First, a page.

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We all need to learn to suspend judgment

Wednesday, May 30, 2018

As I approached the team-building exercise at the St Mary’s Children’s Home last week, all I could consider was the importance of the term and principle called suspending judgment. It is an element—a virtue, even—so necessary for good interpersonal relationships as for good marriages, child rearing and any other human situation of relationship building.

For my own wellbeing, growth and maturity and as a deliberate action to improve my empathy for others, I have been practicing suspending judgment. The benefits are amazing.

When I see a situation, I try to take it in the moment and use only the current and available values to inform my treatment of the people involved. If I do not do that I may make assumptions, without merit, about the people involved or the situation itself. Then I can walk away from that situation contented that I have a proper assessment, which I really do not have.

And in the culture that surrounds me, the next time I engage that situation, say in a conversation with others, in pure “Trini” conduct, you may well hear me speak as an expert on the situation/subject and with confidence too, enough to convince others that I know the facts; I am well informed.

Every now and then though, as with old habits, I still find myself defaulting to being too quick (and definitely out of place) to judge situations and people. I’m usually guilt-pricked because I have come to realise how often rushing to judgment served me nothing good.

Simply defined, suspending judgment speaks to withholding an opinion until there is sufficient information.

And, I am realising that it is still possible to rush to unfair judgments even with the appropriate amount of information. It’s a human erring, I find too, that it is related to my own or a person’s self-esteem.

Quite often rushing to judgment has more to do with a ones own shortcomings. We are socialised to be better or at least to pretend to be better than the other person. We are taught to mostly look at others and make judgment calls without much consideration for our own position. That unhealthy desire to be better is the impetus for judgment and gossip, also.

My mother—bless her sleeping soul—was the queen of adages. It was her quickest way to deliver her messages and warnings to us when she had a lesson to give or a point to make.

“Monkey can’t see he own tail” she would say as a way to tell you that your problems are as much as, or even worse that the other person you are criticising. She was usually right and if you took to her lesson and begin looking at or for your own “tail”; and if you were sufficiently honest or simply brave enough, you would begin to look at your own shortcomings and hopefully that could bring some humility to your judgmental heart, mouth, and spirit.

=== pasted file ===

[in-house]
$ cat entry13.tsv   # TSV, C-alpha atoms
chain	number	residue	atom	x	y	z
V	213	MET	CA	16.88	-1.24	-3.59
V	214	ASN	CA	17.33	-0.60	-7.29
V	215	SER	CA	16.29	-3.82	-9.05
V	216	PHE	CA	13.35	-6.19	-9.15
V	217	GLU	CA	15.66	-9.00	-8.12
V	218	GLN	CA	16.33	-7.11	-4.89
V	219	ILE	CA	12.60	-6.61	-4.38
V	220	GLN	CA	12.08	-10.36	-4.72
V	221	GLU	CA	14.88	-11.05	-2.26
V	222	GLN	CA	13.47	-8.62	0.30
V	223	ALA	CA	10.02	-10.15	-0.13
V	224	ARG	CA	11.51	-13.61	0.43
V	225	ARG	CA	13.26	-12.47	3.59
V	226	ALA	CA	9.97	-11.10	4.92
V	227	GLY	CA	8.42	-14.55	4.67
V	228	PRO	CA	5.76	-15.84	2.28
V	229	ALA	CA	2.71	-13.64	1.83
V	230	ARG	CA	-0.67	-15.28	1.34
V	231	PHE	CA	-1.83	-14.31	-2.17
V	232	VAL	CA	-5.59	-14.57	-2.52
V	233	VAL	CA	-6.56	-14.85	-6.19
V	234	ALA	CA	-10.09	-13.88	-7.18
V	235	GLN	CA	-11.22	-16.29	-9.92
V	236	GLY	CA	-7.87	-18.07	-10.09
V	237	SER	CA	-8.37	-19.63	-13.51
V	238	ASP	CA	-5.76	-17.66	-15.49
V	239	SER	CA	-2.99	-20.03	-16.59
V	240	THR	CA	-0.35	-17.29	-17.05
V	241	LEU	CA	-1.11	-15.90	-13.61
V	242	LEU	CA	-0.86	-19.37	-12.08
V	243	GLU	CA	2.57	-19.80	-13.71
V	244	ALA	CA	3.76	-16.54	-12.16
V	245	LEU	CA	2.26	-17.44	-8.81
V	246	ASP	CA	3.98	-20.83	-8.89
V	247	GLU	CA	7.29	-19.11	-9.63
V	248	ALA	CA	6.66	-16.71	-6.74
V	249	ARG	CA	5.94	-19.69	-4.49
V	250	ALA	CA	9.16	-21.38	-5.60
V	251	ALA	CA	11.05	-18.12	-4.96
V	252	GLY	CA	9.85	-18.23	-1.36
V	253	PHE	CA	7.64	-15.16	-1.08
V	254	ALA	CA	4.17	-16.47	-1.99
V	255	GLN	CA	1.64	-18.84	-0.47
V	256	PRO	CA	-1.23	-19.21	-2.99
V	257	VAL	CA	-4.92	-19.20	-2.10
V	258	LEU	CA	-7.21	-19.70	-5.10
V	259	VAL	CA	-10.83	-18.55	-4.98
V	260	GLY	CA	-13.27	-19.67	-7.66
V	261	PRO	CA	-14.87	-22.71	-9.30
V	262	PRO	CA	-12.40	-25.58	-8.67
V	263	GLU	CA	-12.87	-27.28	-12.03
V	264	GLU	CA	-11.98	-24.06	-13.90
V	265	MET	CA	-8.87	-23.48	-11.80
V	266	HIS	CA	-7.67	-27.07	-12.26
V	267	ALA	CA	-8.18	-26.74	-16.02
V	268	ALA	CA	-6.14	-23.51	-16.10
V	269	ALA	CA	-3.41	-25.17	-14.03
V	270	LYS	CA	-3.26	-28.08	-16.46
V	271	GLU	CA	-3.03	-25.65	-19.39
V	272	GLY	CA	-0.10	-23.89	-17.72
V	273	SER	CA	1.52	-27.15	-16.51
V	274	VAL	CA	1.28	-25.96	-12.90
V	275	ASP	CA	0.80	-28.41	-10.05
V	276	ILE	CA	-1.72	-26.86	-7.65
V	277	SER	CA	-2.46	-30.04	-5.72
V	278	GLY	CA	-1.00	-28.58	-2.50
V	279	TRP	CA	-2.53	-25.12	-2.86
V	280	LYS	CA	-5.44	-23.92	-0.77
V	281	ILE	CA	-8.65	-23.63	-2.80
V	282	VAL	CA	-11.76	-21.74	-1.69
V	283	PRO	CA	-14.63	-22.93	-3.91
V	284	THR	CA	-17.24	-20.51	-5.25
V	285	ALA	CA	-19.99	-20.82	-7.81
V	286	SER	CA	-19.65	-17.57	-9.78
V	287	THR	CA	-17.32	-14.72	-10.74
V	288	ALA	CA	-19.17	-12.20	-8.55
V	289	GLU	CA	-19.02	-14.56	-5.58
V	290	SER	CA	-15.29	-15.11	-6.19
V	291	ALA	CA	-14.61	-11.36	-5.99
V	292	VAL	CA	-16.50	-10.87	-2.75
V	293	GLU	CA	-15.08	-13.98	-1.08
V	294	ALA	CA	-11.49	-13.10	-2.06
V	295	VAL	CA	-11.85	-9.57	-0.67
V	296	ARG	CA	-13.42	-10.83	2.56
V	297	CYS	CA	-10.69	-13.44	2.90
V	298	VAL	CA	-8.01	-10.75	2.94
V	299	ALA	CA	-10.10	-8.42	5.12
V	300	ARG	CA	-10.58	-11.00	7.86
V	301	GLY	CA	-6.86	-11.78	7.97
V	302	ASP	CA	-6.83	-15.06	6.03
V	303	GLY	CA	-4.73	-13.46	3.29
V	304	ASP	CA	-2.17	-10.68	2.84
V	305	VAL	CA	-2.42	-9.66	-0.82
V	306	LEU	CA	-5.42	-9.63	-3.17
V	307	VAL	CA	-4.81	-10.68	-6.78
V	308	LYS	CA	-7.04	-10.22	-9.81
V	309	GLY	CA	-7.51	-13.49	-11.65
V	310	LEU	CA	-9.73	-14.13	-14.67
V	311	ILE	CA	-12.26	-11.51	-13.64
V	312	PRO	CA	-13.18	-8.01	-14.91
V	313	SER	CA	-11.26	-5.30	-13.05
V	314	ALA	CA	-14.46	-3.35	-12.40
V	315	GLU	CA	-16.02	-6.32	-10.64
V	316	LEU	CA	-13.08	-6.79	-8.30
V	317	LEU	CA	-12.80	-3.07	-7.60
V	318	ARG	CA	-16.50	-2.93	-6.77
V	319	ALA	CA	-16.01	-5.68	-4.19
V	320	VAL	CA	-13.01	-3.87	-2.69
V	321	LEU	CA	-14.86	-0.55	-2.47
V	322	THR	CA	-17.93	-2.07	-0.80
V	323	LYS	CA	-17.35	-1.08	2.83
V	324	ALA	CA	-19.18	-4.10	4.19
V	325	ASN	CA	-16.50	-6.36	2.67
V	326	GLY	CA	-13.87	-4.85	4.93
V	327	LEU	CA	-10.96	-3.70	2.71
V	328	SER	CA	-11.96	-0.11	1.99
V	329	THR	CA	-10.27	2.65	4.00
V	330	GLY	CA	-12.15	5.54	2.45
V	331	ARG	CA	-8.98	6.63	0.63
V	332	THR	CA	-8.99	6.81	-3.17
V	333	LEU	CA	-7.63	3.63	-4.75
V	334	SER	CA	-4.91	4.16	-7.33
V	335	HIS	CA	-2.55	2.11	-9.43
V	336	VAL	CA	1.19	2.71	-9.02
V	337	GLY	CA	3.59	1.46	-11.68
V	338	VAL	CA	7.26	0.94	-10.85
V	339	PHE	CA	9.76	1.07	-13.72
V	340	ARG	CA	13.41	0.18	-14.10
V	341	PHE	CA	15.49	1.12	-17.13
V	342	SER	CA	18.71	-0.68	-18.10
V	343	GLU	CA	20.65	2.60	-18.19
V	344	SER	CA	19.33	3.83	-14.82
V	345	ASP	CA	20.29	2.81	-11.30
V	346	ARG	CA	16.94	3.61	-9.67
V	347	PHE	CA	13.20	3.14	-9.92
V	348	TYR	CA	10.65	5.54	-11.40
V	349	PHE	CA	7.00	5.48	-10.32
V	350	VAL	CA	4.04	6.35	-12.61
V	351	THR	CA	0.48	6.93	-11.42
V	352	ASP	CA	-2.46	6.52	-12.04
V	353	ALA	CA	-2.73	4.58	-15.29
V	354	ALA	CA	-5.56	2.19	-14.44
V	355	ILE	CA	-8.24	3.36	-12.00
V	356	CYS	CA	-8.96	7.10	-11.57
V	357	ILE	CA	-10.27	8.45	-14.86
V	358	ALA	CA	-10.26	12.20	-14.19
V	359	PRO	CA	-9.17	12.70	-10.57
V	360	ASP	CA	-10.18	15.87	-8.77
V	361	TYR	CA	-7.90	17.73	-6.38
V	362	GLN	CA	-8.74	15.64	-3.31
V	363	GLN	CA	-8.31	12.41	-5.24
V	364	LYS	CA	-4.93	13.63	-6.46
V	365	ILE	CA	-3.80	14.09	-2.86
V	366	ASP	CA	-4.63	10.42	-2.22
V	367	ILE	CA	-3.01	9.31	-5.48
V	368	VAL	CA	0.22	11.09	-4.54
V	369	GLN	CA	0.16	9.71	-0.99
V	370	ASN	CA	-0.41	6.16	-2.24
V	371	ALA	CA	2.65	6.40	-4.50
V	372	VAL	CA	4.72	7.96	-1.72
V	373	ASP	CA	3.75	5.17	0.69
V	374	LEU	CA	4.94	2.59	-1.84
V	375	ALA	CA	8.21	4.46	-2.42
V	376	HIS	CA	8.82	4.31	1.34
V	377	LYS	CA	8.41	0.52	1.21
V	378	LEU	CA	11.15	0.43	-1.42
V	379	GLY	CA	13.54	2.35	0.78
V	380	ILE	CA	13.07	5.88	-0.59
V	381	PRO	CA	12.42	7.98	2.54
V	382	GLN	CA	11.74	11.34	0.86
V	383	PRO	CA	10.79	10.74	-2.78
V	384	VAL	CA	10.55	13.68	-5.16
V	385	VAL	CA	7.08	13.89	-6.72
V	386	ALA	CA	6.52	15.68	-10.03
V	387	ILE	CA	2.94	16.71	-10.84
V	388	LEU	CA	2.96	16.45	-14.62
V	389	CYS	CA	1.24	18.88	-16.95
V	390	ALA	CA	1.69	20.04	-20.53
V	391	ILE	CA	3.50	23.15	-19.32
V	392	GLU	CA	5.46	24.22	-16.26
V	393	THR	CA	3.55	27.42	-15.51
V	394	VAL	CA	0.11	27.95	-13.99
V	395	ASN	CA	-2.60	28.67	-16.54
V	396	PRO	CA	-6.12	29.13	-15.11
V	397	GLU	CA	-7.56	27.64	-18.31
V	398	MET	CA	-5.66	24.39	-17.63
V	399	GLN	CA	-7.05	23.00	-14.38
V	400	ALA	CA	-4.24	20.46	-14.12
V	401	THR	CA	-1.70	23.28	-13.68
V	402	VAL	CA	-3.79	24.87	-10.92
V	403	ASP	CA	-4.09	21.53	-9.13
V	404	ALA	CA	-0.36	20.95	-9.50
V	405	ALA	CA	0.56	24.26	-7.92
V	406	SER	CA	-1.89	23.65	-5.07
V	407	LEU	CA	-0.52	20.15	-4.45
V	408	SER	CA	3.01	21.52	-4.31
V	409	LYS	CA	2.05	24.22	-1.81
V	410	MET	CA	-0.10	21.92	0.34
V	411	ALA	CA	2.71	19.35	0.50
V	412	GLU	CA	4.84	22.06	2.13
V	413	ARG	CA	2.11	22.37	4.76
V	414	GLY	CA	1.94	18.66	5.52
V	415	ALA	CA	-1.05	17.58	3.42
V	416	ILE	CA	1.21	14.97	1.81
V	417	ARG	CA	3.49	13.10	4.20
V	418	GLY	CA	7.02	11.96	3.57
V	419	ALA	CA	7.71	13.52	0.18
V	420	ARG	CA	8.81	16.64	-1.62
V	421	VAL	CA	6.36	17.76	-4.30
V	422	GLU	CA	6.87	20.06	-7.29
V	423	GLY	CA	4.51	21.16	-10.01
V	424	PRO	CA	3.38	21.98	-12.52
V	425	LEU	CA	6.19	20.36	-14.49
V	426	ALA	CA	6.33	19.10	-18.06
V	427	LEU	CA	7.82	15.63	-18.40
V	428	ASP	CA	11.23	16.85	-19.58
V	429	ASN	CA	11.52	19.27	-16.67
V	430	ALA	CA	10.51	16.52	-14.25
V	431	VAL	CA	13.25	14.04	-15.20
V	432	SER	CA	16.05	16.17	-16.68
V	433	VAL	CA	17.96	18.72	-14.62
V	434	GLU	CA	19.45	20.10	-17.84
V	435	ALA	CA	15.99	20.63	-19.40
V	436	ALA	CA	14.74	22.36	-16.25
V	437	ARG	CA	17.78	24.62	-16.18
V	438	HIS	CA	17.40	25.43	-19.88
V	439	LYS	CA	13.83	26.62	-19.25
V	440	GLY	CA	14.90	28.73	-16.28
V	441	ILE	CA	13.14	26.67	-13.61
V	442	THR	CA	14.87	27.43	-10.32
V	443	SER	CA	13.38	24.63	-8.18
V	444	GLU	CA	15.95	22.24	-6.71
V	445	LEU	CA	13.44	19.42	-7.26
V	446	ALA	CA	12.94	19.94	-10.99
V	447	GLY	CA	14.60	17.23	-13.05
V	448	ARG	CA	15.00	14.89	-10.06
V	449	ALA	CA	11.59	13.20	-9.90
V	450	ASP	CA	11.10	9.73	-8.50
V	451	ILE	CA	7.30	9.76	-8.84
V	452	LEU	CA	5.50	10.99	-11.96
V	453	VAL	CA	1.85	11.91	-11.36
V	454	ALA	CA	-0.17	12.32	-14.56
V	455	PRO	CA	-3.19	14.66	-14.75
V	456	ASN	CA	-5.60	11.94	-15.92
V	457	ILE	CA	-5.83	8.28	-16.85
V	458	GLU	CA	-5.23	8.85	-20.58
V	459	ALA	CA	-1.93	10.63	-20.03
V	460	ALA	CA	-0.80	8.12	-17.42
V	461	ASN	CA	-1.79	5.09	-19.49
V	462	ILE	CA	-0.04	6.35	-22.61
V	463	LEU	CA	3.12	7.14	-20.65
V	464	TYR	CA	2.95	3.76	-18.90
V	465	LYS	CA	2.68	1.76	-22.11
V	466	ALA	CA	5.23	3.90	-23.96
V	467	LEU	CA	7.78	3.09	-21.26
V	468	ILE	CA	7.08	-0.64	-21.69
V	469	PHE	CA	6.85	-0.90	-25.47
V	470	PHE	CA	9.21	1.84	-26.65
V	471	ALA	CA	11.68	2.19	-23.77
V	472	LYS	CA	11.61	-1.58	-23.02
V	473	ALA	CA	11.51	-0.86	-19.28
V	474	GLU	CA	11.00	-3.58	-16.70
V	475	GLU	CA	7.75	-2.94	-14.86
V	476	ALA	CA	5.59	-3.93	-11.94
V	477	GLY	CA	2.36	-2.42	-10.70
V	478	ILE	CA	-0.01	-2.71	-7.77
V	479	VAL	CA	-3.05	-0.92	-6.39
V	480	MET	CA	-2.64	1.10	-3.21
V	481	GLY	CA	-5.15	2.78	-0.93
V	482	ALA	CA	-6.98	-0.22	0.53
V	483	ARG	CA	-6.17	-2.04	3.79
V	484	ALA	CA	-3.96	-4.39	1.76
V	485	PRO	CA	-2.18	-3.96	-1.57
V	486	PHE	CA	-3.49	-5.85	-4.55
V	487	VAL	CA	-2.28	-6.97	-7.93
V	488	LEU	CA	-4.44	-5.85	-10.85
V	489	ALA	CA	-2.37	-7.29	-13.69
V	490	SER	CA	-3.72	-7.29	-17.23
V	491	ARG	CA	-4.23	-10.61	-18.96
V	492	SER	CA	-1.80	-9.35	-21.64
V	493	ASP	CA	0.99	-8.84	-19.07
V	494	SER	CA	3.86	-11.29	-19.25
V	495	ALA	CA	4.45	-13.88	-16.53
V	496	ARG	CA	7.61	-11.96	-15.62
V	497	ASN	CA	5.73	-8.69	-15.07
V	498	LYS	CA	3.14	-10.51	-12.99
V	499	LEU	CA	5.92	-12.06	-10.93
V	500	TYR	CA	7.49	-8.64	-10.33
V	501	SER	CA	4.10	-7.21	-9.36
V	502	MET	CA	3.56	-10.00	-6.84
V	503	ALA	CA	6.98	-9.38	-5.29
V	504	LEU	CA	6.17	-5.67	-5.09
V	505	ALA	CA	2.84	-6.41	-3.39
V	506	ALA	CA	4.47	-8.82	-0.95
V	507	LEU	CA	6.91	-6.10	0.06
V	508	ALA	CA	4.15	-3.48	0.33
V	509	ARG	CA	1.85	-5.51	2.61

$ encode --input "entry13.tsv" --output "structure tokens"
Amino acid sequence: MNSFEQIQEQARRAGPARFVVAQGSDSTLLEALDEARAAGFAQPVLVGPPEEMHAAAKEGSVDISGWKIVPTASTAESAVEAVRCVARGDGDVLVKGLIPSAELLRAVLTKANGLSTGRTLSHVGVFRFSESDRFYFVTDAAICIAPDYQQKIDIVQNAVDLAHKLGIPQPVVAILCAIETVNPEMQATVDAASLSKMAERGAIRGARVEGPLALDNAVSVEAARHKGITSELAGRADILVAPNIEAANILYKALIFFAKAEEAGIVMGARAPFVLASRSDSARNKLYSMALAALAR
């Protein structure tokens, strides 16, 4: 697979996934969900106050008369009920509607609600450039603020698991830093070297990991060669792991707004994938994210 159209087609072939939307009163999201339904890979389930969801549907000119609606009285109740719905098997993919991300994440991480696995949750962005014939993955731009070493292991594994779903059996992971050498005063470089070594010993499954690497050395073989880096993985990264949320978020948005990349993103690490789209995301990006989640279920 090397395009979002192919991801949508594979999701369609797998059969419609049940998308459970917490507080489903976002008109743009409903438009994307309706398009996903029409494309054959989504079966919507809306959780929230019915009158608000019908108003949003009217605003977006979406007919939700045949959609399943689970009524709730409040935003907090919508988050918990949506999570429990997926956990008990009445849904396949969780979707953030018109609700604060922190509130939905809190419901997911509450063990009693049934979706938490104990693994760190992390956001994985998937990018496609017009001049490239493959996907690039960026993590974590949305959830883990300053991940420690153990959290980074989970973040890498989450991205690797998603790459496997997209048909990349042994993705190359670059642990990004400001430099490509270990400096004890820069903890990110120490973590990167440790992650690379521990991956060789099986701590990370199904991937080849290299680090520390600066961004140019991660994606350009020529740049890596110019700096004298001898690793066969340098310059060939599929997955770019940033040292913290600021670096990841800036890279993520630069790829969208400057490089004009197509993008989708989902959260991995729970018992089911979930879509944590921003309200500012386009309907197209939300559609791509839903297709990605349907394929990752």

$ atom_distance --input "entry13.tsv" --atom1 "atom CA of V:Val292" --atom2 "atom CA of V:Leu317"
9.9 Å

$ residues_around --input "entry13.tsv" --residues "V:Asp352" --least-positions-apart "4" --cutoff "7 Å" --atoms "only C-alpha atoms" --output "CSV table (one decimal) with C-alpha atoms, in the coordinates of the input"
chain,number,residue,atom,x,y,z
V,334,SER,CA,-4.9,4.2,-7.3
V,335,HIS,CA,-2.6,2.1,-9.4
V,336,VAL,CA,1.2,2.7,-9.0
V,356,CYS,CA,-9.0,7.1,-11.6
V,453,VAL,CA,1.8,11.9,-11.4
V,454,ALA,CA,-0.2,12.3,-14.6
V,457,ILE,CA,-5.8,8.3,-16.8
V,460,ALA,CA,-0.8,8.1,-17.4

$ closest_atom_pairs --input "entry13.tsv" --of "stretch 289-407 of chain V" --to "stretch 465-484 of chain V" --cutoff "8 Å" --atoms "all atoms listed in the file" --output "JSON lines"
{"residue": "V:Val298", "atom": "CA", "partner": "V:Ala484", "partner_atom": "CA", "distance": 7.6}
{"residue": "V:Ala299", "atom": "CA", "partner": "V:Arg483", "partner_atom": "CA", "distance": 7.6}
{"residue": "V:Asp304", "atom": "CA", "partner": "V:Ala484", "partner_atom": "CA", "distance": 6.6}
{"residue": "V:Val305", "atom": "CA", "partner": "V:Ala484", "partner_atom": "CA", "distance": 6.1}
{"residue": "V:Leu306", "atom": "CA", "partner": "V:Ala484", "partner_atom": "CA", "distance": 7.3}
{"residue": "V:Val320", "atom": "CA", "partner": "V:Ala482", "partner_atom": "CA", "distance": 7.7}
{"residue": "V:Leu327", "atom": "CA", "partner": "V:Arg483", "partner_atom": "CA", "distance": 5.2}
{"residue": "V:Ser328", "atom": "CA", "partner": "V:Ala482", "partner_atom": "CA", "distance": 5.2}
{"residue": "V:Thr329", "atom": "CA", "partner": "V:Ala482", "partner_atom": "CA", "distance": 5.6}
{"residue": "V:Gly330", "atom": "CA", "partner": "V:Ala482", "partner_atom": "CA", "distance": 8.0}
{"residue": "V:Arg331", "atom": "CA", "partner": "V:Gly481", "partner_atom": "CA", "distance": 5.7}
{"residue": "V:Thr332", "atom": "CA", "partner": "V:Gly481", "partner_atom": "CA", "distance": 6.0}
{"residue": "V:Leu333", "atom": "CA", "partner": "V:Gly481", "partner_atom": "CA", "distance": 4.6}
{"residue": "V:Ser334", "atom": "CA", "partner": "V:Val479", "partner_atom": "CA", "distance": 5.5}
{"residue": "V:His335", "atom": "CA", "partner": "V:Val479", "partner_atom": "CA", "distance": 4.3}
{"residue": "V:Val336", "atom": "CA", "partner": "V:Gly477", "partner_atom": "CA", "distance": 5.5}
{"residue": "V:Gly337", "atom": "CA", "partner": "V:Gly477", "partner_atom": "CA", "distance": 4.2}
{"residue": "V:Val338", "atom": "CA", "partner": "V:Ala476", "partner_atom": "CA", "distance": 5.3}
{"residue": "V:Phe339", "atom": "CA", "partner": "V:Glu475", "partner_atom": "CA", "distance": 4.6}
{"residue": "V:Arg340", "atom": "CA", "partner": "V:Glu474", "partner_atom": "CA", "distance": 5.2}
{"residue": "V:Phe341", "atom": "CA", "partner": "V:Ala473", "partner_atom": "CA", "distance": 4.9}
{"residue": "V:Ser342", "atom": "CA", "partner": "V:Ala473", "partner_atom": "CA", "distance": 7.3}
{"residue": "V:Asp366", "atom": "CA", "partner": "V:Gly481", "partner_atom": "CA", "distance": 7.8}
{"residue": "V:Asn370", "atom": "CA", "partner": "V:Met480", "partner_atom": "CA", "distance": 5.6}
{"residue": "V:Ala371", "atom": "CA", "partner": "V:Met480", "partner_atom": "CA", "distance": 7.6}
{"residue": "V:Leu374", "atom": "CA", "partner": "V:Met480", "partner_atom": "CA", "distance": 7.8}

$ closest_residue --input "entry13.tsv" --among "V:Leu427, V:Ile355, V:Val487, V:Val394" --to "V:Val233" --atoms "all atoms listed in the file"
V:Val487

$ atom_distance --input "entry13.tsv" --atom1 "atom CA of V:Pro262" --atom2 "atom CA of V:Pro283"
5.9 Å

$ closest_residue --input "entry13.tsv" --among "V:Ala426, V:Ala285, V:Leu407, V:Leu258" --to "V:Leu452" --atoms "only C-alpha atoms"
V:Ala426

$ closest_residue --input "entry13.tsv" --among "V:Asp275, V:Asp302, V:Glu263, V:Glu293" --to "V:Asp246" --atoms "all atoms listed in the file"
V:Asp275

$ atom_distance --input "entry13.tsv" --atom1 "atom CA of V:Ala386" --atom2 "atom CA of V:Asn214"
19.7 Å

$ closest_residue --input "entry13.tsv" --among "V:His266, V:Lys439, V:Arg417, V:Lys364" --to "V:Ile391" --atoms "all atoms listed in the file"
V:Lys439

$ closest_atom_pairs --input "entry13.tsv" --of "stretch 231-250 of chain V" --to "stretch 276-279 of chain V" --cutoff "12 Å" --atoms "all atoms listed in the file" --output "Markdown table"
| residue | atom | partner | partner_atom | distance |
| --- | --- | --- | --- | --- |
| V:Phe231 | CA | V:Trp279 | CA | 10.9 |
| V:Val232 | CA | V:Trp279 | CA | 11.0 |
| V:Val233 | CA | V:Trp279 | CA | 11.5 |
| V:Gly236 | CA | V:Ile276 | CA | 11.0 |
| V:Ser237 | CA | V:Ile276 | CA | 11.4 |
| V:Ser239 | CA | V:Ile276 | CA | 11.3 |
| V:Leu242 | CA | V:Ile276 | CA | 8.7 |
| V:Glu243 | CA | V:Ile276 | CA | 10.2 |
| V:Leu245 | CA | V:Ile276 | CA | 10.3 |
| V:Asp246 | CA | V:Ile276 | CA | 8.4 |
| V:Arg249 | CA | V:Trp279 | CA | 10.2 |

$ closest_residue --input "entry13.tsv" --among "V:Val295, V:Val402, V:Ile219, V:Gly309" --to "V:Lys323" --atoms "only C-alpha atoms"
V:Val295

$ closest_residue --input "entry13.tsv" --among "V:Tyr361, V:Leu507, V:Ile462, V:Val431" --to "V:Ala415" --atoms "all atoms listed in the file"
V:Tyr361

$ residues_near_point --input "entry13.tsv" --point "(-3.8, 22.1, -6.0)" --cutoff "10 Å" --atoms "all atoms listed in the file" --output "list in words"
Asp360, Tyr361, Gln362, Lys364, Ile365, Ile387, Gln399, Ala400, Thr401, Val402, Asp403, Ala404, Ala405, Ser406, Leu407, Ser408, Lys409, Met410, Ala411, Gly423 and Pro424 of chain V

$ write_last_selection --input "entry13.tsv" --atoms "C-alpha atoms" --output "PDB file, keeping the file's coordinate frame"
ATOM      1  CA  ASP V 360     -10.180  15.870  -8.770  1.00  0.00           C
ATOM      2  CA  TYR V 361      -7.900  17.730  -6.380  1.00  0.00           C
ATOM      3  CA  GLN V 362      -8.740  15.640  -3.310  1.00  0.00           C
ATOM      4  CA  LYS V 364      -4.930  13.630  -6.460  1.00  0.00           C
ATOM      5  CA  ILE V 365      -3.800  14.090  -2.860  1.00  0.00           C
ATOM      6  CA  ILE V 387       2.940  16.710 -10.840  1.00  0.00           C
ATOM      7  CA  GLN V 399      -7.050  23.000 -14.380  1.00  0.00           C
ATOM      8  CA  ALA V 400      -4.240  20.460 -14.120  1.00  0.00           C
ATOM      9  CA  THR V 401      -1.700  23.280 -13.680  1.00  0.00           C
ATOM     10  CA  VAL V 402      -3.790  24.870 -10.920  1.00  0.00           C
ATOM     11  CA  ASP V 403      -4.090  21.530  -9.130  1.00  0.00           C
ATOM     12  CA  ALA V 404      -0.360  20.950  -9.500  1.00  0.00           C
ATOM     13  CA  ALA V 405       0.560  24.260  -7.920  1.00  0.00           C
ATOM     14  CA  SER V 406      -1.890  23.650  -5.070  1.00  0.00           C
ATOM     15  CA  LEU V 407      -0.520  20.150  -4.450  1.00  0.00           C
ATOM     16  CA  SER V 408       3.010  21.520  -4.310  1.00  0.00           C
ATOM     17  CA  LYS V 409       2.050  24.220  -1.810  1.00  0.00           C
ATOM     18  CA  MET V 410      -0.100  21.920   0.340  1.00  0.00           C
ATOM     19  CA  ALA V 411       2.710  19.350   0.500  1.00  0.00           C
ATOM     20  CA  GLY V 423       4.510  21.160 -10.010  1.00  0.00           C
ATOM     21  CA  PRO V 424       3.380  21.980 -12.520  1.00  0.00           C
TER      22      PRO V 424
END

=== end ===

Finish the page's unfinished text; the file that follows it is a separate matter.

We as a people, are given to very strong opinions on things we do not really know. How often have you heard people pronounce on matters using hearsay as their best reference? I have heard some loud-mouthed arguments in my time from people I know to be uneducated on the point but speaking with shocking authority.

Very often too, we use myths and misunderstanding to cast judgment on people. I teach that very often when I am trying to give people a perspective on why we should not be too quick to judge people’s conduct/behaviour/situation, and especially be brazen enough to diagnose others with illnesses of which they/we know nothing.

Judging others promotes misunderstanding but also supports the bigotry to which we have grown accustomed. We are a people very quick to diagnose others and pronounce on them. We are so unafraid to make judgments of others but if we understand anything about the consequences of rushing to judgment we can become better people and so promote better communities - in the home, village, workplace or nation. 

Steve Pavlina speaks about suspending judgement and puts it like this in his blog: “Whenever I write about certain topics, especially those that seem contrary to mainstream conditioning, some people voice very strong opinions. They communicate their thoughts with a high degree of certainty, as if adopting the posture of an expert.

“However, upon further inspection, it becomes readily apparent that most of these people have little or no direct experience upon which to base their opinions. Their knowledge of such subjects can hardly be classified as knowledge at all, since it’s derived largely from non-primary sources like media conditioning, third-party rumours, and supposition.” That is so common in our community. That elixir of ignorance and coupled confidence and deep (without basis) conviction make for a society without compassion, without empathy, without grace and graciousness in the affairs of others. It signifies to me a depth of ignorance about living in this world. It exposes the lack of mindfulness in which we live—not dealing appropriately with the moment in the moment but rather, using our injured self and broken experiences to rush to the judgment of others.

CAROLINE C RAVELLO is a strategic communications and media professional and a public health practitioner. She holds an MA with Merit in Mass Communications (University of Leicester) and is a Master of Public Health With Distinction (UWI). Write to:


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